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Kennedy pleads guilty in crash


WASHINGTON -- Rep. Patrick J. Kennedy, a Rhode Island Democrat, pleaded guilty yesterday to a charge of driving under the influence of prescription drugs in a plea bargain with prosecutors stemming from a middle-of-the-night incident last month in which he nearly sideswiped a police cruiser.

District of Columbia Superior Court Magistrate Judge Aida Melendez placed the six-term congressman on supervised probation for a year. He was ordered to attend weekly meetings of Alcoholics Anonymous, confer regularly with a psychiatrist, submit to random urine tests and contribute $100 to a crime victims fund and $250 to the Boys and Girls Club of Greater Washington, where he will also do 50 hours of community service.

If Kennedy violates the terms of his probation, she added, he will go to jail for 10 days and pay a fine.

"I've always said I wanted to take full responsibility for my actions and today in court I did just that," Kennedy said after his sentence was announced. "I accepted the consequences of my actions. I'm grateful to be on the road to recovery."

Standing at Kennedy's side as he talked to reporters on the courthouse steps was not his father - Sen. Edward M. Kennedy, a Democrat from Massachusetts - but a Republican colleague from Minnesota who is himself a recovering alcoholic.

"As a grateful recovering alcoholic of 25 years, I'm pleased to be his sponsor," said Rep. Jim Ramstad. "He's accepted his addiction and he's going to be just fine, one day at a time."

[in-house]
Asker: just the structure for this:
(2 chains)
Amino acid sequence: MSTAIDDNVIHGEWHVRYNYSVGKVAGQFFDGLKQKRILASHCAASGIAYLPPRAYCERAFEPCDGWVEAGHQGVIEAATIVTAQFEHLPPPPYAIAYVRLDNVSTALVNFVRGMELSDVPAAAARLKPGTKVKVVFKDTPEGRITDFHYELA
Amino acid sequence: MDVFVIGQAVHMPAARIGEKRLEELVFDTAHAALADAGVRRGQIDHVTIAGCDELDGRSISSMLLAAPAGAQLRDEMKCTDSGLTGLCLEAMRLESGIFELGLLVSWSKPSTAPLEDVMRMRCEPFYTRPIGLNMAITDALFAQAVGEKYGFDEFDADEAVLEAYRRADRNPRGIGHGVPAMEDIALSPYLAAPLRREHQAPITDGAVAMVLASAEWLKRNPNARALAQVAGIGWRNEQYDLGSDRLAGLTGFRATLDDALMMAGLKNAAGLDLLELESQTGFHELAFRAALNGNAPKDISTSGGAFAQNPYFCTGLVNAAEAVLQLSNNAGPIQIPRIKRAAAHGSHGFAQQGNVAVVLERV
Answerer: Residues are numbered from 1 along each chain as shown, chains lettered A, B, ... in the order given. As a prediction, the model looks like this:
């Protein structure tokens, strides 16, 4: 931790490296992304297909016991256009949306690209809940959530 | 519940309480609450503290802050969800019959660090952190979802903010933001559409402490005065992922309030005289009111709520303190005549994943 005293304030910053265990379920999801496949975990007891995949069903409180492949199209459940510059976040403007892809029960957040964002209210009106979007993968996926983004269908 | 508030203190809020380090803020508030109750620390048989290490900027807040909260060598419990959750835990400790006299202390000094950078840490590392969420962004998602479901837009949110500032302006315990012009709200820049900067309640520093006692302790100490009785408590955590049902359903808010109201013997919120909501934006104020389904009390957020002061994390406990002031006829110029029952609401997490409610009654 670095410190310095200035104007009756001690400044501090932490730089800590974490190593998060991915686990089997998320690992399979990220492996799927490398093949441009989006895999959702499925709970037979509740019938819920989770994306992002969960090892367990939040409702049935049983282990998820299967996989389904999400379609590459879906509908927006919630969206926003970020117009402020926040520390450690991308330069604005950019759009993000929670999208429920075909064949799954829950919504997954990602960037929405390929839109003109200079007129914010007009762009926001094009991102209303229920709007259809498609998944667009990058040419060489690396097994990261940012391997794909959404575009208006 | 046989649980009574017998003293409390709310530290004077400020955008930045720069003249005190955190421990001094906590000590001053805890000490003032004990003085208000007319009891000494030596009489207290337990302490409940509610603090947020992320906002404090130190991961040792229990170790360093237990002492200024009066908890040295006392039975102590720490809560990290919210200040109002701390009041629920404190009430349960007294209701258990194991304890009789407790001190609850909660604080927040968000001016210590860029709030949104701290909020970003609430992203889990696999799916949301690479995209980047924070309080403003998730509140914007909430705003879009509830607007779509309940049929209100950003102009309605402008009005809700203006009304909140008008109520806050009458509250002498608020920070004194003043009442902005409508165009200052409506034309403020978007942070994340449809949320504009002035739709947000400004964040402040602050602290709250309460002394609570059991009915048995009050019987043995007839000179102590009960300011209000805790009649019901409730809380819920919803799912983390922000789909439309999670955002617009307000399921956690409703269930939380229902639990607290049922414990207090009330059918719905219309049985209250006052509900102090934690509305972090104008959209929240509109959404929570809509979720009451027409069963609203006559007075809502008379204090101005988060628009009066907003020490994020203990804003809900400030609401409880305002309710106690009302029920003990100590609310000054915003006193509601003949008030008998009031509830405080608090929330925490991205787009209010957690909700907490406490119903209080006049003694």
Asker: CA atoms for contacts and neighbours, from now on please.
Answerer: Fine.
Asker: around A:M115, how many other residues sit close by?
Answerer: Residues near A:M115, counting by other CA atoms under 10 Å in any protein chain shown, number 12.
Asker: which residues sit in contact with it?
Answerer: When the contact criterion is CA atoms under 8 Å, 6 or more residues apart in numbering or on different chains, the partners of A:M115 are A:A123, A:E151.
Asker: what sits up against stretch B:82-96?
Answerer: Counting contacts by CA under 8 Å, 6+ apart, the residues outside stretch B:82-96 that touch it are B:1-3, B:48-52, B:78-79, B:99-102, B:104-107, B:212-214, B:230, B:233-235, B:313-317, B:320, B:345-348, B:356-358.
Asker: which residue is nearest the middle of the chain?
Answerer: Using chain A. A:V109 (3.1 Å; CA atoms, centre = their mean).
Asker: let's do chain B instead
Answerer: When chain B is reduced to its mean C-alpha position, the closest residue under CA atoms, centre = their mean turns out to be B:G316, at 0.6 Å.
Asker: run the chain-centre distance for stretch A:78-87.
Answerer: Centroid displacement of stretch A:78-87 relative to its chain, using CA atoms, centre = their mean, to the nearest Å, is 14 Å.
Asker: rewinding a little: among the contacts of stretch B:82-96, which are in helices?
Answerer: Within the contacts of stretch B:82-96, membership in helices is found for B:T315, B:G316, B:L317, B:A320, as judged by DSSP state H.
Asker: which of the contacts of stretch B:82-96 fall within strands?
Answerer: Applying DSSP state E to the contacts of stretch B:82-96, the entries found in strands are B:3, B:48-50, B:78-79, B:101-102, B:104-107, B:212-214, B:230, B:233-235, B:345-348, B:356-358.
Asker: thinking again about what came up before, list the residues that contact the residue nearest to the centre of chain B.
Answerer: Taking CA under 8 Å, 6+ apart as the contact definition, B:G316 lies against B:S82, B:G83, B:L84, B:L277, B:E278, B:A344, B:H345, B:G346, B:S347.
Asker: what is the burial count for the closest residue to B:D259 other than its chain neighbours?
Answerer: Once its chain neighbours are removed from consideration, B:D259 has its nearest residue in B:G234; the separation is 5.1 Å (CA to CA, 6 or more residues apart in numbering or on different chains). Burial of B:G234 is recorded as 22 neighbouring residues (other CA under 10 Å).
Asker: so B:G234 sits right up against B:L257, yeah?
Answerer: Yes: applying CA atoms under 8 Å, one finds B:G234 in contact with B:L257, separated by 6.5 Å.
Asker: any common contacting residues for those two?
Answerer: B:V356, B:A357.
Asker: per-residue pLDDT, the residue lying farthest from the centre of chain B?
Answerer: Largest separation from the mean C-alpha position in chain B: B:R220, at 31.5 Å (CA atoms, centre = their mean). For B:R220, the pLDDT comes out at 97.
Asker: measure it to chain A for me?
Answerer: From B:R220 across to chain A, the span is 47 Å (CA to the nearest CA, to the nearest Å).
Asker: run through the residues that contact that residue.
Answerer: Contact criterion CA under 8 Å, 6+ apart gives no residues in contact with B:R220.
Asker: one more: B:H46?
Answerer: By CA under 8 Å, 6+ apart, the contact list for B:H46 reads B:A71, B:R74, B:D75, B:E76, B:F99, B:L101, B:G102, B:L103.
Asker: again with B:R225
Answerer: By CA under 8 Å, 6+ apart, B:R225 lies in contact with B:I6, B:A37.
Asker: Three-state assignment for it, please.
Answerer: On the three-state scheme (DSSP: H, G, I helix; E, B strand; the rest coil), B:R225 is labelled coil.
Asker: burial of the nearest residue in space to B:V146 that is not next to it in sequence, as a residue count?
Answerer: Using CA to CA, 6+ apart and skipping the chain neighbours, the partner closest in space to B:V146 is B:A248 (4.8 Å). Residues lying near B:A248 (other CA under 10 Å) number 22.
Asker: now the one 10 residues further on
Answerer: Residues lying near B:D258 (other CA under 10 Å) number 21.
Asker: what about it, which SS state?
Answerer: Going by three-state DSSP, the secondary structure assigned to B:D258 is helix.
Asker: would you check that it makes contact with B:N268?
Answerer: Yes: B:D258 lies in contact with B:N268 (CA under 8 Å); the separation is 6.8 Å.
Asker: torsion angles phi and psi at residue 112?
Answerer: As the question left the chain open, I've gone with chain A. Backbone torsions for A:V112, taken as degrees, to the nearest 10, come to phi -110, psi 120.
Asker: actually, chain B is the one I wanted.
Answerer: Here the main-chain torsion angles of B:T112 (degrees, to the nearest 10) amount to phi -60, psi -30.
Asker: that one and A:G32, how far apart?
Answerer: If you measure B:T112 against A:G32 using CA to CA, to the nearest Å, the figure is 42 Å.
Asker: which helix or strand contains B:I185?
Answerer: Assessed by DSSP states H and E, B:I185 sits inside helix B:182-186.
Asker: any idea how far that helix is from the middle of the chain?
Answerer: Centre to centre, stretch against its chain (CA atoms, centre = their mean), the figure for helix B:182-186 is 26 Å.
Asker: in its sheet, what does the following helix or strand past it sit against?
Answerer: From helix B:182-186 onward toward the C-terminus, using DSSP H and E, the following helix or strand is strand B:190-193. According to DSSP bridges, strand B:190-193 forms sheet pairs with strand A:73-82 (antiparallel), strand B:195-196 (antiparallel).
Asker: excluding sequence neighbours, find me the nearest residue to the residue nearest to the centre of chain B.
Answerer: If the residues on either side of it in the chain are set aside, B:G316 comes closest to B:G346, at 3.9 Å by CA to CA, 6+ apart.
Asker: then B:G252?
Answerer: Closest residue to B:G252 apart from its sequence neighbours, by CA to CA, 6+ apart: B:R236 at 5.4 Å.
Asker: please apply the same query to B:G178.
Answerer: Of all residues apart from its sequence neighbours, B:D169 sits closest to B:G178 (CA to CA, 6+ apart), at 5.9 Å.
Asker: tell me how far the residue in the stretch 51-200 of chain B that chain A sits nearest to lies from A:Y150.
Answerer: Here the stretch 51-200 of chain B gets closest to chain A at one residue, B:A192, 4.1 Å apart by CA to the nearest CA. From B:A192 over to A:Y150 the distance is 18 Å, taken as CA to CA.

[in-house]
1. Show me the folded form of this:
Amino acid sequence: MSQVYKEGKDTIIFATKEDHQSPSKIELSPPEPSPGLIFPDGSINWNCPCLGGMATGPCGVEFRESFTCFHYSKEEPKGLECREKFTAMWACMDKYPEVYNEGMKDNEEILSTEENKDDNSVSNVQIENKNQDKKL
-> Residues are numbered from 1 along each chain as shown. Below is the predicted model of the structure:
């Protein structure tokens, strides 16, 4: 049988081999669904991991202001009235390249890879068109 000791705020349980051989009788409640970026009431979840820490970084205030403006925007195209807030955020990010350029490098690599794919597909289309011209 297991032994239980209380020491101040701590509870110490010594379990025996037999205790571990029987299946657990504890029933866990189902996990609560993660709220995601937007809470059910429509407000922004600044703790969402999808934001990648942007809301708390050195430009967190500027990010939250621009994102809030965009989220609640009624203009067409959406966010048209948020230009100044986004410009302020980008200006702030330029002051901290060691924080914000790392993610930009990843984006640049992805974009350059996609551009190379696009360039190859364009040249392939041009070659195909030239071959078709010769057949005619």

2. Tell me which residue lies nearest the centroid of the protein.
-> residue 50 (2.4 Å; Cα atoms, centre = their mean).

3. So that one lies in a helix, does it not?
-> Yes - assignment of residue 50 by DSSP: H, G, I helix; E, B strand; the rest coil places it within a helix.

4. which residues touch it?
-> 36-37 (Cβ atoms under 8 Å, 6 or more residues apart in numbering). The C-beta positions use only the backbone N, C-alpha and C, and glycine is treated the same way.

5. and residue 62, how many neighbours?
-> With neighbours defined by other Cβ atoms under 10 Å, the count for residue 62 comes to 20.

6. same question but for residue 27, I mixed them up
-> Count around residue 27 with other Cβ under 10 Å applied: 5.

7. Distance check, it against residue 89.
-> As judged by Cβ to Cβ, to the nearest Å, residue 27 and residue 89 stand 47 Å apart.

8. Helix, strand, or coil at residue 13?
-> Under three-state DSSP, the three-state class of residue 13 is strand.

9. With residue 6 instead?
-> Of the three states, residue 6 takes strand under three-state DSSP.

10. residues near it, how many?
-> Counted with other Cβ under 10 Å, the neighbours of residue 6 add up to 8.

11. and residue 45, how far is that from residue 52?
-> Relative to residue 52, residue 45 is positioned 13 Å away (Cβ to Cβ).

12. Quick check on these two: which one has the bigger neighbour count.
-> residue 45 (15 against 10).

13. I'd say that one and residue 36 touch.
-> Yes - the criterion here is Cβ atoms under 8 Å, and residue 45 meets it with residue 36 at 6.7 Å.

Kennedy, 38, has said he has struggled with depression and drug addiction since he was a teenager. He was treated for cocaine abuse after graduating from high school.

The incident that led to his courtroom appearance yesterday began at 2:47 a.m. on May 4, when Kennedy crashed his green 1997 Ford Mustang convertible into a security barrier on Capitol Hill. According to a report filed by the Capitol Police, he stumbled from the car, telling officers that he was rushing to make a vote. The House had adjourned three hours earlier and the last vote on May 3 was cast at 9:06 p.m.

The police report described Kennedy as "unsteady on his feet," with "slightly slurred speech" and "red and watery" eyes.

Later that day, Kennedy released a statement insisting that he had consumed no alcohol but acknowledging that he had taken two prescription medications, Ambien for sleeplessness and Phenergan for a stomach inflammation. The next day, he called a news conference to say that he was checking himself into the Mayo Clinic in Rochester, Minn., to treat an addiction to prescription drugs.

Kennedy stayed in Minnesota for 28 days, and Ramstad visited every Saturday, accompanying him to recovery meetings. Ramstad, who quit drinking 25 years ago after he woke up from an alcoholic blackout in a jail cell in Sioux Falls, S.D., will get a weekly call from Kennedy under the terms of probation.

For Kennedy, the denouement on the courthouse steps was the result of a plea deal in which prosecutors dropped charges of reckless driving and driving without exhibiting a permit.

Kennedy, who despite his troubles is considered a safe bet for re-election in his Democratic district, has said the accident was also a wake-up call.

"Every day I'm on my knees thanking God that I didn't hurt somebody," he said last month.

Johanna Neuman writes for the Los Angeles Times.

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